Highlights of Reform Symposium (part two)

Highlights of Reform Symposium (part two)

Featuring Steve wheeler on the future of education.



Today I’m excited about reviewing Steve Wheeler’s mini-com presentation for The Reform Symposium 2014.

Why is this important?

The work behind the Reform Symposium Free online Conference featuring 60+ presentations, two plenaries, ten keynotes, student presenters, and much more is staggering to say the least. We want people to fully appreciate the significance of this commitment and of the exceptional opportunity we offer you regarding free professional development online. There is so much cyber noise and distraction online that people can miss or fail to realise what’s really going on. This is my way of sharing brief chunks of Edutainment and inspiration as a build-up to inspirational events that will make you feel part of something bigger than yourself and remind you of why you are proud to be a teacher.

Here is some background information on Steve and the link to his blog.

Here’s the recording:

Images created by Steve Wheeler or shared on his powerpoint.

Steve Wheeler is Associate Professor of Learning Technologies at Plymouth University, in South West England. Originally trained as a psychologist, he has spent his entire career working in media, technology and learning, predominantly in nurse education (NHS 1981-1995) and teacher education (1976-1981 and 1995-present). He is now in the Plymouth Institute of Education, at the Faculty of Arts and Humanities.

I’m very interested in the fact that he’s a trained psychologist, as I’m passionate about the psychology of teaching and learning.

The future of education is unpredictable.

We may all have our own opinions about the future, yet we all see what we see  through our own limited vantage points. Let’s see if Steve can give us a bird’s eye view on the matter.



The presentation visuals are beautiful and tell us so much.




Steve talks about what happens in an internet minute with another beautiful image.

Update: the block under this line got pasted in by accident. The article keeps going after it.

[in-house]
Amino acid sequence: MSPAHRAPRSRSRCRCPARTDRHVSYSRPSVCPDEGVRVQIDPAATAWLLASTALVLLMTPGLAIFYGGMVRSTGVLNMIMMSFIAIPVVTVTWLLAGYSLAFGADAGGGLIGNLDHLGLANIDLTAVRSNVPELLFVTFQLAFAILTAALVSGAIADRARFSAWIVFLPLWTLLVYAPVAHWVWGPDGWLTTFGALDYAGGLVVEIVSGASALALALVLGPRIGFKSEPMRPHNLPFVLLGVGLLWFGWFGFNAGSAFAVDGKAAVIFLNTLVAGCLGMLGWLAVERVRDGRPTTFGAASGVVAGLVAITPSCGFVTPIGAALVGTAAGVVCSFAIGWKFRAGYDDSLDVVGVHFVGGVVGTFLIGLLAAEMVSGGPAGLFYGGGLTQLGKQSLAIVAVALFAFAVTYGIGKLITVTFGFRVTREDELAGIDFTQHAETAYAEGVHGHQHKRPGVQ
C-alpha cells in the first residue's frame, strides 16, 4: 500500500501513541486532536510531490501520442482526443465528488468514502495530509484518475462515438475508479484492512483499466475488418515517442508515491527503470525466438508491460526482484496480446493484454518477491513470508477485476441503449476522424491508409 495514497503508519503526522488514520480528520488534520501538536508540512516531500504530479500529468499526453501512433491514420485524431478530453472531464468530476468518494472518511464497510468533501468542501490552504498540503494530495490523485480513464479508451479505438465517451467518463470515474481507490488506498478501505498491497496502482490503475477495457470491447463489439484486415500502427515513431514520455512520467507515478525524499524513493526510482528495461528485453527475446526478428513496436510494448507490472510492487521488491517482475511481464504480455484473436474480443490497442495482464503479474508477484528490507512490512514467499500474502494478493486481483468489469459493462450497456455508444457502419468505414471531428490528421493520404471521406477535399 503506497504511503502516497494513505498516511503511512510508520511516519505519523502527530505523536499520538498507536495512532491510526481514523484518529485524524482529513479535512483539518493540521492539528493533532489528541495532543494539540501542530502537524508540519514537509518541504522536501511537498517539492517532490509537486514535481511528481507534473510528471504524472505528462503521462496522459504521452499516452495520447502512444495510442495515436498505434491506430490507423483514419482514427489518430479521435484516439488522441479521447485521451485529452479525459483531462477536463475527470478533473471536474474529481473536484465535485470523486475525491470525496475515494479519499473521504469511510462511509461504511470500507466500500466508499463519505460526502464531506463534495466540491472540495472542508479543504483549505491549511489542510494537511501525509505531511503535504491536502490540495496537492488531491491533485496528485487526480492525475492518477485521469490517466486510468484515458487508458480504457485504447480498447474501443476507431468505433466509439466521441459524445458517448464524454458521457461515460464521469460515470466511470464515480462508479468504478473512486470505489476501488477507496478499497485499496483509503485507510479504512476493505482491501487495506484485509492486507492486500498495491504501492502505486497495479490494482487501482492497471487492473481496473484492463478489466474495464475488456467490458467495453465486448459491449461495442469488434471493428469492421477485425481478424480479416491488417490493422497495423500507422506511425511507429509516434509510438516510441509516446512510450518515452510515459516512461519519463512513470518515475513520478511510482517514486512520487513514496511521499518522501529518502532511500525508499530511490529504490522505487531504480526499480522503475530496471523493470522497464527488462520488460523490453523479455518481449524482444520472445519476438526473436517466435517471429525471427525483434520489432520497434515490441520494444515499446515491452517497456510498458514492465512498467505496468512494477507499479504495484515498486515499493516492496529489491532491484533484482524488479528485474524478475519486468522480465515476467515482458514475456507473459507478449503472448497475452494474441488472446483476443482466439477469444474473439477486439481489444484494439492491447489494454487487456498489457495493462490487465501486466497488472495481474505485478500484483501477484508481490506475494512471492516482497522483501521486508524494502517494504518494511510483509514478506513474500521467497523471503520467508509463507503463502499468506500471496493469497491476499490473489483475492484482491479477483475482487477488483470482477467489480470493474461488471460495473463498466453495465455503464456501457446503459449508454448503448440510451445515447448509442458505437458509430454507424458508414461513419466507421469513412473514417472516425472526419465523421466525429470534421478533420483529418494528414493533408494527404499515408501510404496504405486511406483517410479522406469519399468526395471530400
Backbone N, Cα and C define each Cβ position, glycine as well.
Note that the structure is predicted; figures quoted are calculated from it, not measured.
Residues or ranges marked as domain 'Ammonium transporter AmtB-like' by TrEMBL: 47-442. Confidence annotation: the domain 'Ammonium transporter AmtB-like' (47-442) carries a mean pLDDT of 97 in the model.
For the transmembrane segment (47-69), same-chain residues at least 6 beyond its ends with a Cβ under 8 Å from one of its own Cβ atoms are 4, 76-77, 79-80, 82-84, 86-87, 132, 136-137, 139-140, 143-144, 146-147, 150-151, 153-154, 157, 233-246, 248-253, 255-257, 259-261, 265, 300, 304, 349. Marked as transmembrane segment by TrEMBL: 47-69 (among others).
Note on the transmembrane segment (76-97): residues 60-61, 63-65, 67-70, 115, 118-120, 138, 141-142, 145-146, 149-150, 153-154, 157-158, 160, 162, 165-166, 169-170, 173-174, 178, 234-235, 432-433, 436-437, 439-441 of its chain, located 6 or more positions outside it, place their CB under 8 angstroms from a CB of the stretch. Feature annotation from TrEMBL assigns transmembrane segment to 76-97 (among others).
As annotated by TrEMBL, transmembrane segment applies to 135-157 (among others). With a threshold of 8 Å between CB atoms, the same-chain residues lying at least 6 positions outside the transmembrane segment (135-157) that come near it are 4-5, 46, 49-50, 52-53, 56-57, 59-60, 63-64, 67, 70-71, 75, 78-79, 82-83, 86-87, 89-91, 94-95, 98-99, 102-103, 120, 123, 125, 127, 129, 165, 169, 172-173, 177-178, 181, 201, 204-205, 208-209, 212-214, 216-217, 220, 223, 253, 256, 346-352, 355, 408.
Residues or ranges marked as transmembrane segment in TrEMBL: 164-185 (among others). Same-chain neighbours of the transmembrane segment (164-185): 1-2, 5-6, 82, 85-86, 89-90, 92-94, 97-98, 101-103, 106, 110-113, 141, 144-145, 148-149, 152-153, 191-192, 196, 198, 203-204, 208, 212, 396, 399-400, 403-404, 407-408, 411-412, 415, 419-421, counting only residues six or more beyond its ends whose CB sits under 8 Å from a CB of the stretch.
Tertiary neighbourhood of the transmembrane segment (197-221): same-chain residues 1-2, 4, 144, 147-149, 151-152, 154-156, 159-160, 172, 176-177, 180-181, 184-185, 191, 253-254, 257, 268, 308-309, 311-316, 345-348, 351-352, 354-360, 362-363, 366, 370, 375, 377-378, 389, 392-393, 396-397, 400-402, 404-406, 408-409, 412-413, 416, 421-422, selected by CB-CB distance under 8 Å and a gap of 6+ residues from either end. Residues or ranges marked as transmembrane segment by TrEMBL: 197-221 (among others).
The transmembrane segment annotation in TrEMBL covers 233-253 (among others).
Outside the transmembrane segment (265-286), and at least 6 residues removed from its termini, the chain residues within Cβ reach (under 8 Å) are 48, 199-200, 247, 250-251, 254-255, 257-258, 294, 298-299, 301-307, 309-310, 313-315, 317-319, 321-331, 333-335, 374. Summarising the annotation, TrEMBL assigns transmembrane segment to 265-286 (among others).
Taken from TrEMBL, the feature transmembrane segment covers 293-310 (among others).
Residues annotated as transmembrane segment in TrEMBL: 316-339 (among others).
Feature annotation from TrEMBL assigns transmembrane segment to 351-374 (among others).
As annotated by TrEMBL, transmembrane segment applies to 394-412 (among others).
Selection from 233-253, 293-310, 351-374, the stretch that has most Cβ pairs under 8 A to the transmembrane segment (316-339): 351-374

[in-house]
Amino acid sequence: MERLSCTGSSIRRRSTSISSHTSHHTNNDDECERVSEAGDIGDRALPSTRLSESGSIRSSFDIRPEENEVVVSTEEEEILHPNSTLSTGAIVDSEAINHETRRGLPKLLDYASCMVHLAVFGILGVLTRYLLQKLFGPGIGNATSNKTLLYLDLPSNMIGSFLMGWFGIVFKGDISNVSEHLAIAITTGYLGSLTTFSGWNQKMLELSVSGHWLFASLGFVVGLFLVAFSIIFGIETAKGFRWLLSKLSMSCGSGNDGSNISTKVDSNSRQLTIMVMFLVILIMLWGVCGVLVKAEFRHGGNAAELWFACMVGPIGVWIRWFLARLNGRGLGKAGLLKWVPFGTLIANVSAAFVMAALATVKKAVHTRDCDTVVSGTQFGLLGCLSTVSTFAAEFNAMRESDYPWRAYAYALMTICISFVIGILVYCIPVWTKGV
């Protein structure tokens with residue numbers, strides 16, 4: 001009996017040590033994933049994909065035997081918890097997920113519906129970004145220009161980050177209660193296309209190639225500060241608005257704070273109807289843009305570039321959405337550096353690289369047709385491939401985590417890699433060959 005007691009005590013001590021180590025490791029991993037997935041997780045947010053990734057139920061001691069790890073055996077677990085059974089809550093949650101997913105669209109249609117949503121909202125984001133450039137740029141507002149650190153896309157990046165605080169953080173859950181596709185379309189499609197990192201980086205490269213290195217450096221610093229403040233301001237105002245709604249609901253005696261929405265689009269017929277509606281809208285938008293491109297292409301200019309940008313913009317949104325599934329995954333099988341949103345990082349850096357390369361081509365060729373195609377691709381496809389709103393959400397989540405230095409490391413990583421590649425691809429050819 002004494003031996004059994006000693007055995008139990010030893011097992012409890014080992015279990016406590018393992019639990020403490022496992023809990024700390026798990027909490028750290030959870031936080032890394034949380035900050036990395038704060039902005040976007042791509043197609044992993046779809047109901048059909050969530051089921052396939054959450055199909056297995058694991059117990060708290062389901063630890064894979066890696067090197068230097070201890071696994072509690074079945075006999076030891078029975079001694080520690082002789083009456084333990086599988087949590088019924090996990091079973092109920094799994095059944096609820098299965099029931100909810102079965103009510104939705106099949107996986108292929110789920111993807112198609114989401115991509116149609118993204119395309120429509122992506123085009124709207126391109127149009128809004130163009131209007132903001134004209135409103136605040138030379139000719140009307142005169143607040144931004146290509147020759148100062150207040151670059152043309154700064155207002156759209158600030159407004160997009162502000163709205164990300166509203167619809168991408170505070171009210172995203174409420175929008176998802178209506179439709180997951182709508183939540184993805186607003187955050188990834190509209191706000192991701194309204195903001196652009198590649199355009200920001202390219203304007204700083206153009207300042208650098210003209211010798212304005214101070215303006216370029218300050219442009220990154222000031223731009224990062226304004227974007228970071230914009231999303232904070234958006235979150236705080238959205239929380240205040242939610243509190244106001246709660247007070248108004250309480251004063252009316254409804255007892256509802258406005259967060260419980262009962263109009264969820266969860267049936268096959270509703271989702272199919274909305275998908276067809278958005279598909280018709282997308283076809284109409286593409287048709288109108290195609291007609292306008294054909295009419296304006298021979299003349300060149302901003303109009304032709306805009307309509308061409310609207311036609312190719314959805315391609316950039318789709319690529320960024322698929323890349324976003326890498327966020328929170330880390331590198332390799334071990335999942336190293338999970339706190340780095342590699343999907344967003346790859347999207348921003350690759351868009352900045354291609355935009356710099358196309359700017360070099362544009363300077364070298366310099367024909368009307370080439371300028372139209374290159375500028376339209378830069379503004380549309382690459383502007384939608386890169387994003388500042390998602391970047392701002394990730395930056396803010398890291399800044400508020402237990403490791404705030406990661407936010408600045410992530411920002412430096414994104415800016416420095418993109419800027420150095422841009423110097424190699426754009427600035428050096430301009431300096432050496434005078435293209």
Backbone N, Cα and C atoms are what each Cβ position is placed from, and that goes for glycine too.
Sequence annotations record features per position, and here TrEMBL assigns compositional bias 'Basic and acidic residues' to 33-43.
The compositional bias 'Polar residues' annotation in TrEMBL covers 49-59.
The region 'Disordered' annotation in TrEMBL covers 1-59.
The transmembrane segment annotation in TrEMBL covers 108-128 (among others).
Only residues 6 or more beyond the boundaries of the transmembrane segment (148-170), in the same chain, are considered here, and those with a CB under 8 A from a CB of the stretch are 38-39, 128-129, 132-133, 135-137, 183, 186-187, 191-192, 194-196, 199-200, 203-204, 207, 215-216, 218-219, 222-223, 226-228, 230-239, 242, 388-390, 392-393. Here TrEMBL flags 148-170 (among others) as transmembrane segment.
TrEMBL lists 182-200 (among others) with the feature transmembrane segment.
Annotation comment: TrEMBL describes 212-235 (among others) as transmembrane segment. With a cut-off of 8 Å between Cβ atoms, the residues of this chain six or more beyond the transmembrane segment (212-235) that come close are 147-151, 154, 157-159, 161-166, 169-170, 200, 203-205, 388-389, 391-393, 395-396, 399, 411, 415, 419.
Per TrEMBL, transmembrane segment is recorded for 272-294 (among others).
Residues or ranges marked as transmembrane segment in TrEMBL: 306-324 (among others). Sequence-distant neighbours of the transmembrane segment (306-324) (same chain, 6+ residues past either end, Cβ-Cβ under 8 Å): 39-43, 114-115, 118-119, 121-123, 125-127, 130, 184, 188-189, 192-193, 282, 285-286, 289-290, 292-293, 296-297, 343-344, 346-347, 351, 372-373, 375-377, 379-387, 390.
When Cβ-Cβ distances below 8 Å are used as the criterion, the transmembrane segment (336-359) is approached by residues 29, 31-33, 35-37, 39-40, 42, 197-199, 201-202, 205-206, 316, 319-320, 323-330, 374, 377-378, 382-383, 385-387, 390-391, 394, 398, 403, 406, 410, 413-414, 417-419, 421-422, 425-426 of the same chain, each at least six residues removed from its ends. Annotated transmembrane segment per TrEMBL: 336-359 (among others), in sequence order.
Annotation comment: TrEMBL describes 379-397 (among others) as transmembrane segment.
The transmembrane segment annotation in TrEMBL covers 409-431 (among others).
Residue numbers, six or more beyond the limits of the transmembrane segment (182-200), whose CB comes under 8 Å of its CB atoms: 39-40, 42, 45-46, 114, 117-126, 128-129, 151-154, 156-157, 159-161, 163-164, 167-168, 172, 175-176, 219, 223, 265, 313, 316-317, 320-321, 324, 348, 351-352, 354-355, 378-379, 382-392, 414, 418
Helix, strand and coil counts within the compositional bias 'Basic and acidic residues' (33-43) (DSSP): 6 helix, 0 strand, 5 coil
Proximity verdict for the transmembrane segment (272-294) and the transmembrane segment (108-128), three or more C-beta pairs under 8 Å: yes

He goes on to rapidly depict a changing world through artistically chosen visuals that compare and contrast the old and the new.

There is so much depth, art and insight in his use of imagery. I don’t see such educational substance in visual imagery everyday. I can see and feel so much behind each image he’s chosen.

Steve says:

Technology does not change instruction, pedagogy has to change instruction, pedagogy has to change for us.




Steve  goes on to discuss the both the significance of connectivity and students creating their own content, and in contrast, the impact of the digital divide and the exclusion of so many from this technological revolution.

Curiosity versus regimentation

It’s very important to note that he highlights the problem of regimentation in schools knocking the curiosity out of children. This sums up my attitude to education. Anything to bring back the fun and creativity to education will help the mind to develop, intellectually, socially and emotionally.



 So ends my little snapshot of Steve Wheeler’s presentation.

Don’t miss the full presentation in July on the Future of Education.

Facebooktwittergoogle_plusredditpinterestlinkedinmailby feather



Sylvia is is an online teacher & writer with a background in English Literature, history and education. She is also an award winning blogger featured by The British Council, online teacher, official blogger for WiziQ, professional development organiser, and passionate researcher into creative learning via Educational Technology @Eslbrain. She is currently focusing on ELT publishing and children’s publishing. Her personal projects for 2014 include writing ELT books through story-telling, comics, poetry, and social and emotional learning, while continually creating and sharing brain-friendly learning materials and ideas online. Her other main interests are art, writing, poetry, and psychology, which which help her to create fun quality time with her children and add colour to her language lessons. When she's not teaching online, she's writing course books, blogging or running her English language Facebook groups.
Loading Facebook Comments ...

Leave a Reply

Your email address will not be published. Required fields are marked *